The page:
Secondly: Establish facilities that keep a recorded 200,000 shoppers per weekend moving from shop to shop.
Thirdly: Offer a range of tenants in their 450 shops that targets every kind of savvy shopper.
Lastly: Air conditioning. And lots of it.

Not only are the hours of operation convenient for early or late leisurely shoppers, it also caters to the development's 60,000 office tenants and 500 adjoining service apartments.

Facilities and services include 2 cinemas, the 50 restaurants, 3 hotels, various parking lots and a 'Shoppers Care Centre' that has thought of everything to make your stay, and shopping experience, all the more comfortable from mobile battery charging services and baby stroller loans to facial masks and vehicle battery boosting.

What is also not overlooked are the public restrooms. Typically attendants service high-end restaurants' restrooms by holding out a hand towel and a tip bowl. Here, an attendant assists an electrically-prompted light board that announces which stall is vacant for the next user. Not only helpful to the user, it drives us in and back on the shopping floor in no time.

And if mixing the human element with technological advances needs to be further expounded on, Harbour City has developed the 'i-Concierge', installed at various busy intersections of the shopping center. Not only is there a map, but a button to call a live concierge who by video can see us, and we him or her. "Where is the nearest Birkenstock shop?", we ask. As the screen changes to our current location, "Wendy", with her e-pen, draws where we are and where we should walk to get to our destination. If only she can print it out for us. Maybe that will be Wendy 2.0.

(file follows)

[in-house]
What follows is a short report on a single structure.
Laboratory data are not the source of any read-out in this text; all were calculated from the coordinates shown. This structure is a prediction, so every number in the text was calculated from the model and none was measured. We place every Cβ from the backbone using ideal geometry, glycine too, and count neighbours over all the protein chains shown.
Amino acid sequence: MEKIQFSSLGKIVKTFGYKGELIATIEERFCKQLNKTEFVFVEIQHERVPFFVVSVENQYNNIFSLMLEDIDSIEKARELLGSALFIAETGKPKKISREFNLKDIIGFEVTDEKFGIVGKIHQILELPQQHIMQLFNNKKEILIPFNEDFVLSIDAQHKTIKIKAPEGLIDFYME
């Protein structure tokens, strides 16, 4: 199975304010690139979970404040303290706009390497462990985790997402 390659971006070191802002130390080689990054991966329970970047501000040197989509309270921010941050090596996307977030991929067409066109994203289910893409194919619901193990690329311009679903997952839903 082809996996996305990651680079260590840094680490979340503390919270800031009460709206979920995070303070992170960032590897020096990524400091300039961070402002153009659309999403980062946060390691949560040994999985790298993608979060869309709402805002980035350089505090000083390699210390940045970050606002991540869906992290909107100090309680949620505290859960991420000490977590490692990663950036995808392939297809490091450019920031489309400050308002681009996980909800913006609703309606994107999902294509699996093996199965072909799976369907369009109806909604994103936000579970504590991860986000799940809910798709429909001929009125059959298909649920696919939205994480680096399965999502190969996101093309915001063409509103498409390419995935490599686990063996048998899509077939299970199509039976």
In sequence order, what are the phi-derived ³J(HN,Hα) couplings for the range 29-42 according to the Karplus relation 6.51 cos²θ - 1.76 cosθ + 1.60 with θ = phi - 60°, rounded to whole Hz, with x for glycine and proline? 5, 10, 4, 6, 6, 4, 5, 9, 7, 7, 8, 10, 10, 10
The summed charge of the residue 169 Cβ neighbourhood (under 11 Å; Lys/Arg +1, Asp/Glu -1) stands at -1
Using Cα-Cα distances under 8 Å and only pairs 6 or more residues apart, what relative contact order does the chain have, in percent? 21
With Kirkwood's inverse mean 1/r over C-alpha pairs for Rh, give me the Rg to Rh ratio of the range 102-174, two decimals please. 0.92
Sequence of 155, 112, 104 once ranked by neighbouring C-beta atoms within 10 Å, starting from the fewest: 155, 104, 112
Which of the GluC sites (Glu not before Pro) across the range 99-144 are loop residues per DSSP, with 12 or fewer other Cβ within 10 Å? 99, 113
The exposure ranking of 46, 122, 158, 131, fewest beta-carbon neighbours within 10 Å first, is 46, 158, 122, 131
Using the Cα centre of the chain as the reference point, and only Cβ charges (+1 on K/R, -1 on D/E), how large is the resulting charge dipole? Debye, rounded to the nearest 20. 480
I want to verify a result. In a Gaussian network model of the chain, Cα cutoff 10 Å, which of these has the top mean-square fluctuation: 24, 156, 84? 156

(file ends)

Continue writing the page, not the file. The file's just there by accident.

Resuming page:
This "one-stop shopping experience", as Harbour City promotes itself, offers a specific range of decent brands to the varying consumers that come through. In addition to main stream brands, a section has been devoted to sports-oriented brands and gear where New Balance lines up near to Puma and a multi-brand sneaker/sportswear shop. If running or racket ball in Hong Kong is not your gig, then Chanel, Joyce and Dior line the Canton Road side of the complex. And the message is as clear outside these shops as they are inside the mall: efficiency through order, politely.

A center as this would not be possible without the sophistication and vision of its developer, Wharf Holdings, so it's of no coincidence that luxury department store, Lane Crawford, and Joyce Boutique in Hong Kong, are also owned by the same company.

Harbour City I 3 - 27 Canton Road I Tsim Sha Tsui, Kowloon, Hong Kong I www.harbourcity.com.hk